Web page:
As discomfiting as it certainly is to our critics, the Interpreter Foundation continues to produce materials for the Latter-day Saints and for any who are interested in the Restoration, and to do so at an alarmingly non-glacial pace. Here are the most recent publications from the Foundation:
Abstract: Considering conventions of the ancient Near East, 2 Nephi can be understood as a legal document or legal archive. Factors supporting this view include 1) Nephi’s allusions to sealing the record and to a bar of judgment, 2) discussion of the law of witnesses and reference to Isaiah and Jacob as witnesses, 3) components and formatting consistent with Neo-Babylonian depositions and plaintiff statements, 4) uncharacteristically formal and conservative (high-fidelity) citations of Isaiah, and 5) rhetoric and vocabulary consistent with the Judean legal genre. Nephi’s inclusion of Jacob’s and Isaiah’s words as a witness and his references to judicial procedure can be readily understood. Further, the structure of 2 Nephi, consistent with legal conventions of the time, can be viewed as collated texts that contain a covenant framing the Nephite’s situation (2 Nephi 1–4), a reaction (2 Nephi 4–5), three supporting witness statements (2 Nephi 6–10, 12–24, 25–28), and finally a plaintiff statement (2 Nephi 33). Recognizing the legal implications of 2 Nephi can help us appreciate Nephi’s agenda as author and editor of his text, as well as the meaning of his document in our day.
Abstract: This article explores issues with past suggestions concerning the etymology of the name Cumorah and suggests a slightly updated etymology, “Rise up, O Light of the Lord.” It then suggests that Book of Mormon references to the Hill Cumorah appear to confirm the proposed etymology, thus becoming an apt description of the Restoration.
This post is a summary of the article “Second Nephi as a Legal Document” by Martin Oman Evans in Volume 60 of Interpreter: A Journal of Latter-day Saint Faith and Scholarship.
The Takeaway: Evans argues that aspects of 2 Nephi align with the structure of ancient legal documents—with allusions to witnesses, judgment, statements, rhetoric, and appeals to authority—and that Nephi, in the context of his engagement in the common ancient practice of actively shaping his source texts, built an argument designed to prove the reality of God’s prophecies and promises.
This post is a summary of the article “‘Rise Up, O Light of the Lord’: An Appropriate and Defensible Etymology for Cumorah” by Paul Hoskisson in Volume 60 of Interpreter: A Journal of Latter-day Saint Faith and Scholarship.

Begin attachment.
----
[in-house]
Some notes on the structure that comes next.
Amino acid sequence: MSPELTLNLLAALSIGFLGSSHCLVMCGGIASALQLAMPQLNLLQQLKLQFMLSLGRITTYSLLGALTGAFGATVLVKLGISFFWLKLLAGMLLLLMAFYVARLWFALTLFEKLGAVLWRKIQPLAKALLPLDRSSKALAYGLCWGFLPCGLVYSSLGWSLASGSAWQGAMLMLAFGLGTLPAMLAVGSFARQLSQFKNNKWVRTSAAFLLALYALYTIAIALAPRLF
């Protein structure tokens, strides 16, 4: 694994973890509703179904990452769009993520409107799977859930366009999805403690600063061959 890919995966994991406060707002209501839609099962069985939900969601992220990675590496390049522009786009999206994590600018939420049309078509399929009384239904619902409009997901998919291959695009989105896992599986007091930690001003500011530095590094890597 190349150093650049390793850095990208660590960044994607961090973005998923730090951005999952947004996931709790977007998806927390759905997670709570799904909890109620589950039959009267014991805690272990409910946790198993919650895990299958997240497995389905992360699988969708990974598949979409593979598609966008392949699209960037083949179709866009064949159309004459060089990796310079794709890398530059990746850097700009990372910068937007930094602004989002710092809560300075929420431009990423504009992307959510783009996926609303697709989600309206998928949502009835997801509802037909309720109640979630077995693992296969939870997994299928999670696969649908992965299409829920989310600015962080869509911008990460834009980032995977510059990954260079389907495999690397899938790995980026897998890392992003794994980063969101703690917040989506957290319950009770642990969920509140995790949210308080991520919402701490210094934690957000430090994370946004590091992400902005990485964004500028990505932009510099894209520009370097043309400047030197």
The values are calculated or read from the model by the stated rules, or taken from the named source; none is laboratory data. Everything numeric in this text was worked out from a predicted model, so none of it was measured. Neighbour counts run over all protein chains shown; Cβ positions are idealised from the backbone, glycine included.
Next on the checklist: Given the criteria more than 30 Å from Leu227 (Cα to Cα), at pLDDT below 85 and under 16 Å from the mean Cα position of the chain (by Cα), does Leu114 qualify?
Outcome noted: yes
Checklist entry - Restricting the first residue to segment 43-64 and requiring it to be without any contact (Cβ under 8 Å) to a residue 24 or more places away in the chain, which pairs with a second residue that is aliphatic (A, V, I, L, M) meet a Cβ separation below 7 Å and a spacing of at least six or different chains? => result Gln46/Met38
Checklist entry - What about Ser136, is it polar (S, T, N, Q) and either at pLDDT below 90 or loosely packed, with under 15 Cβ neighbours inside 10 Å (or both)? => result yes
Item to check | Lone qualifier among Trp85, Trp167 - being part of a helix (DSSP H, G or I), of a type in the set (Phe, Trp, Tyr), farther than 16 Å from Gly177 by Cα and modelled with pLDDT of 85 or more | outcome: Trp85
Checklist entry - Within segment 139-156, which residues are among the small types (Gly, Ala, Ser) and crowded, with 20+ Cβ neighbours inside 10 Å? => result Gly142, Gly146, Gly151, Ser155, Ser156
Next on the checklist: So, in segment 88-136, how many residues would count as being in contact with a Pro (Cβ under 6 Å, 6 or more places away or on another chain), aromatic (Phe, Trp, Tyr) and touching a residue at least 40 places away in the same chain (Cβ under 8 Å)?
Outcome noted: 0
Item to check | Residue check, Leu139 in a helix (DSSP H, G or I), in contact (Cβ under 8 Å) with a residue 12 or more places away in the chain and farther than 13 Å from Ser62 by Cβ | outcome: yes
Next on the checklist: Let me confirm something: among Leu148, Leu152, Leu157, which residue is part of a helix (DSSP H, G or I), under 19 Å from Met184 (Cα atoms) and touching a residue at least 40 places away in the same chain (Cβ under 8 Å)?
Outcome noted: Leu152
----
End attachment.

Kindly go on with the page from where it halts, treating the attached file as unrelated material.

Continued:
The Takeaway: Hoskisson argues that hypercorism (the altering of names to create familiar or pet forms; e.g., Susan = Susie) could help explain a persistent issue he sees with the proposed etymology of the name Cumorah, leading him to add the phrase “—of the Lord” to the previously suggested Hebrew meaning of “Rise up, Oh Light”. This makes it an even more fitting description of the Hill Cumorah and the divine book that rose from it.
All of the Interpreting Interpreter articles may be seen at https://interpreterfoundation.org/category/summaries/. An introduction to the Interpreting Interpreter series is available at https://interpreterfoundation.org/interpreting-interpreter-on-abstracting-thought/.
Jeffrey Bradshaw introduces Hugh Nibley Observed, where readers will discover that the personal stories and perspectives behind the scholarship are sometimes even more captivating than his brilliant and witty intellectual breakthroughs. This comprehensive three-part collection of essays sheds fascinating new light on Hugh Nibley as a scholar and a man.
Part of our book chapter reprint series, this article originally appeared in Hugh Nibley Observed, edited by Jeffrey M. Bradshaw, Shirley S. Ricks, and Stephen T. Whitlock. For more information, go to https://interpreterfoundation.org/books/hugh-nibley-observed/.
Today was an at-sea day. The waters have been fairly calm, and I was on for two ninety-minute lectures or discussions. I concentrated mostly on the geological history of New Zealand and Australia — talking about Alfred Wegener and plate tectonics or continental drift (Kontinentalverschiebung, a wonderful German word, that!), about Gondwana and colliding Australian and Pacific plates and earthquakes and volcanos, and about the different results of evolution on the ultimately isolated Australian continent and the North and South islands — and on the arrival to New Zealand of the Polynesian proto-Māoris. These are (to me, anyway) fascinating subjects.
These two articles are not only very interesting but, I think, extraordinarily important. :
“We sent out 80,000 postcards to Latter-day Saints in the U.S. Here’s what we learned: Our representative survey found high percentages of self-identified members agreeing with church teachings on historical questions and sexuality”
Once again, though, it is my dreary and distressing duty to share some examples — a trio of appalling specimens — of horror, cruelty, injustice, and shameless theistic depravity from the Christopher Hitchens Memorial “How Religion Poisons Everything” File™:
And here is a chilling fourth outrage, which I found located very close to the Hitchens File. Religions, it is all too well known, tend to promote and support marriage, with all of the evil consequences entailed by that infamous institution:
Posted from the north Tasman Sea